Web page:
Obviously most folks who do this don't have any evil intent & think they just have some sort of natural talent but the same can be said of more dangerous things like "psychic readings".



I avoided using the term "diving rod" precisely because it could be an old misnomer that sways the vote. But then again, perhaps it's the right term, hence my question.
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  #7  
Old Mar 3, '10, 4:47 pm
hellopeople hellopeople is offline
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Default Re: Dowsing

I have absolutely not idea what a dowsing rod is...it detects water? How so? Is it just a stick or something?

Also, why would the devil help you detect water? Of what purpose would it be? Also, if the devil is capable of making people have supernatural abilities, how do we not know that every miracle ever was not just the devil?
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  #8  
Old Mar 3, '10, 5:46 pm
Katerini Katerini is offline
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Default Re: Dowsing

Quote:
Originally Posted by hellopeople View Post
Also, if the devil is capable of making people have supernatural abilities, how do we not know that every miracle ever was not just the devil?
Well, that's why it is important that we use discernment, and not take every miracle at face value.
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  #9  
Old Mar 3, '10, 7:31 pm
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curlycool89 curlycool89 is offline
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Default Re: Dowsing

I think it's a bunch of hooey. If you dig deep enough you're bound to find groundwater because it's all over the place. Finding water is not exactly a miracle. Now finding drinkable water is a little harder because most groundwaters have heavy concentration of salts and ions.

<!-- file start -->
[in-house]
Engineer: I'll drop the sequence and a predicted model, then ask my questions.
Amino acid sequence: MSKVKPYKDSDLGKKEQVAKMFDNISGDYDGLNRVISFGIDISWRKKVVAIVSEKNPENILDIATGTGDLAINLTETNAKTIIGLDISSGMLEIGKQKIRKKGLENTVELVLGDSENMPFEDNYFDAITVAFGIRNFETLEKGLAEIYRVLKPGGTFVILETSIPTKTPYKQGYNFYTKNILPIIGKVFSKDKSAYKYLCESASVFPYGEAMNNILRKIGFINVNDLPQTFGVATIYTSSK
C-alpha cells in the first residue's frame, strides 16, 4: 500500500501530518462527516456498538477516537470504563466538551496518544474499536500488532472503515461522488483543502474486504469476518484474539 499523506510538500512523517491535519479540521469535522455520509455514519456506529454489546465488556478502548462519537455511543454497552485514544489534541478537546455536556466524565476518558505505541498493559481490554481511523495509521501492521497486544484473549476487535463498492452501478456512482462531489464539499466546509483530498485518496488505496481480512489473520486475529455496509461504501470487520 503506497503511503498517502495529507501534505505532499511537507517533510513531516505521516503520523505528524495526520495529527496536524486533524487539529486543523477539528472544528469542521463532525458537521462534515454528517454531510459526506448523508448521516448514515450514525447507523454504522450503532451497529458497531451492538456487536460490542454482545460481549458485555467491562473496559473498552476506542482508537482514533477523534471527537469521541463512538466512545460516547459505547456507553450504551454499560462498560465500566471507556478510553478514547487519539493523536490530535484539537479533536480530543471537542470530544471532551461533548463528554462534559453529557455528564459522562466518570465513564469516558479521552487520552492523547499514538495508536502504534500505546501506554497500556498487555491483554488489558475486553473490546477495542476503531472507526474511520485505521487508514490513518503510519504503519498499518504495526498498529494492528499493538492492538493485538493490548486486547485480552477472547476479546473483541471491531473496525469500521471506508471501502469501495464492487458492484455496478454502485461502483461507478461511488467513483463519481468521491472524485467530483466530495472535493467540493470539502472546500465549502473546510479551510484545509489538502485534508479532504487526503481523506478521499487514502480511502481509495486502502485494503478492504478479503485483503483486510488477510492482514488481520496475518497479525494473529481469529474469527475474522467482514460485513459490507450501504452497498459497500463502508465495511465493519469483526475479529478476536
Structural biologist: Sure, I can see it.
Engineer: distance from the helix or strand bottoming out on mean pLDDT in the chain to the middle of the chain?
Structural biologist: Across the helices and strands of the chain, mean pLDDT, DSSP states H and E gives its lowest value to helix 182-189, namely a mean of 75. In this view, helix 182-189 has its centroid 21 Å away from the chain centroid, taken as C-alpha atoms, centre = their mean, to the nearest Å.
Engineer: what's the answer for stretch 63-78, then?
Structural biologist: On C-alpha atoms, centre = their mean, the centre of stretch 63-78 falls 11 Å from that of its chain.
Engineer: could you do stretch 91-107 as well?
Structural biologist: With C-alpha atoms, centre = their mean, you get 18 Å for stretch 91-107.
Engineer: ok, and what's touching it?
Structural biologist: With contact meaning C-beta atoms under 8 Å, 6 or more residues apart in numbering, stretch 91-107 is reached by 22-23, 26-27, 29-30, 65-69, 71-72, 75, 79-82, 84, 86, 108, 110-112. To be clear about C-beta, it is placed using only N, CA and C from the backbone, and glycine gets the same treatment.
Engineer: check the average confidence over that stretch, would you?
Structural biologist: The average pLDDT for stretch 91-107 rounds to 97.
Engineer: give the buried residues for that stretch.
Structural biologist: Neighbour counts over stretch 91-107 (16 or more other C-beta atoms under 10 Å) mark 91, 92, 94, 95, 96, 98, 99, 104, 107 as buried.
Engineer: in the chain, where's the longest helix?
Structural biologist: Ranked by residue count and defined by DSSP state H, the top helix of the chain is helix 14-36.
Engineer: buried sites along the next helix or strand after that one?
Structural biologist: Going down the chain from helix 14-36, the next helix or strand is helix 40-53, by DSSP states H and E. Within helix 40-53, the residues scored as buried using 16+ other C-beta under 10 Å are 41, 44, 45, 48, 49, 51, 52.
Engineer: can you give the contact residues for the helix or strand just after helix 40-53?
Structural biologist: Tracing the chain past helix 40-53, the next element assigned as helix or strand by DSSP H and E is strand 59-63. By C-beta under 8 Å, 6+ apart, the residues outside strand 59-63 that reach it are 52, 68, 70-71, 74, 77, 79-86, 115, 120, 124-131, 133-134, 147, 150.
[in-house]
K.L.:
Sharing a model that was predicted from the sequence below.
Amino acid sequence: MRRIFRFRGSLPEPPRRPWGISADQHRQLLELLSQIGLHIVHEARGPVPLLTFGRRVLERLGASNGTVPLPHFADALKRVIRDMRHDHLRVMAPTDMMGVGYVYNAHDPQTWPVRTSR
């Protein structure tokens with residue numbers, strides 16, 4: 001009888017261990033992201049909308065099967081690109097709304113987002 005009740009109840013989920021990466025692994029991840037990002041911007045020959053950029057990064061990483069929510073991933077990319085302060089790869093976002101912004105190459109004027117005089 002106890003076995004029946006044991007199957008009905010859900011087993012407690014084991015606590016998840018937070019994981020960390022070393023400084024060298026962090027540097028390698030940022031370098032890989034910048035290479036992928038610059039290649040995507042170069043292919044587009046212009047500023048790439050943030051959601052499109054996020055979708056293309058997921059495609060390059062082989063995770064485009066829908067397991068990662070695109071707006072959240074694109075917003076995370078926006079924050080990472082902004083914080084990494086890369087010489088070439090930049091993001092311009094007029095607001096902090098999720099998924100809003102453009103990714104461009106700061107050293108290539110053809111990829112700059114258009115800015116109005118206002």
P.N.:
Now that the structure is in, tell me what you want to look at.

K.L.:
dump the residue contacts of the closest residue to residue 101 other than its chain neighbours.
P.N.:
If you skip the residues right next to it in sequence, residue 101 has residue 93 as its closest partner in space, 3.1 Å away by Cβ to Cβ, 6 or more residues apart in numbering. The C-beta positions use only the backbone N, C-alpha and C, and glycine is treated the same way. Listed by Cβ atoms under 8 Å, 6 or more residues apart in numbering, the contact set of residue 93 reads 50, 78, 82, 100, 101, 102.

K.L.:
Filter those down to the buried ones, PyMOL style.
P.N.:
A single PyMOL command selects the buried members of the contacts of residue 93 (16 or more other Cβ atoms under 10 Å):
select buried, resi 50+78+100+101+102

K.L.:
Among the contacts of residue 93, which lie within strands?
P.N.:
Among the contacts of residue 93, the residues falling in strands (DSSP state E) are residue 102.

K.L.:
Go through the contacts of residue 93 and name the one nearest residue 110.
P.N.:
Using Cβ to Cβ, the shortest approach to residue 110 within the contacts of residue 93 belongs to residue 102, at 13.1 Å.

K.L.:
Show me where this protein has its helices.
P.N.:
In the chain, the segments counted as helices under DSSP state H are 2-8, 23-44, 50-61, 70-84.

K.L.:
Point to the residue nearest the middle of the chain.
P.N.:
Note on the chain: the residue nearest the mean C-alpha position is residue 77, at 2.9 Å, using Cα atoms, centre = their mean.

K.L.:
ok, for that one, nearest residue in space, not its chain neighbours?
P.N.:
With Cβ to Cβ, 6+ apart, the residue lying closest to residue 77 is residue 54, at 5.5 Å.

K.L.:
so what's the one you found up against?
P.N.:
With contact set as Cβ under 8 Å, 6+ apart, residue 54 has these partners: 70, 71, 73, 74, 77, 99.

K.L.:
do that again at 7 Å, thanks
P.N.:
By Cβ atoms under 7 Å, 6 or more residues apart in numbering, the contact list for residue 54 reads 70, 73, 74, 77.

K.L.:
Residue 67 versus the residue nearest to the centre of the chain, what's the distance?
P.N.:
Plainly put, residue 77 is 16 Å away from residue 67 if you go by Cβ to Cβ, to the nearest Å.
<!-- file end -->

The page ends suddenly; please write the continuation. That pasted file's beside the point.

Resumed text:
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  #10  
Old Mar 3, '10, 8:08 pm
Schn Schn is offline
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Default Re: Dowsing

Same as all superstitious stuff. Hooey.
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  #11  
Old Mar 4, '10, 12:06 am
Jermosh Jermosh is offline
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Default Re: Dowsing

Smoke and mirrors. You can dig almost anywhere and eventualy find water.
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  #12  
Old Mar 4, '10, 3:24 am
thistle thistle is offline
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Default Re: Dowsing

Quote:
Originally Posted by dusza View Post
Background:
As a 14 year old kid I discovered the ability to find water sources with wooden dowsing (divining) rods. My father also found to have that ability. I know that there are many skeptics and this post is not to try to persuade anyone to believe in that "magic" force. All I know that I could feel the pull towards or away from the ground, presumably a water source. Interestingly, it worked great next to a water hydrant. I have found to have lost that ability shortly after moving from Europe to the U.S. I haven't tested it in years and frankly don't intend to at this point.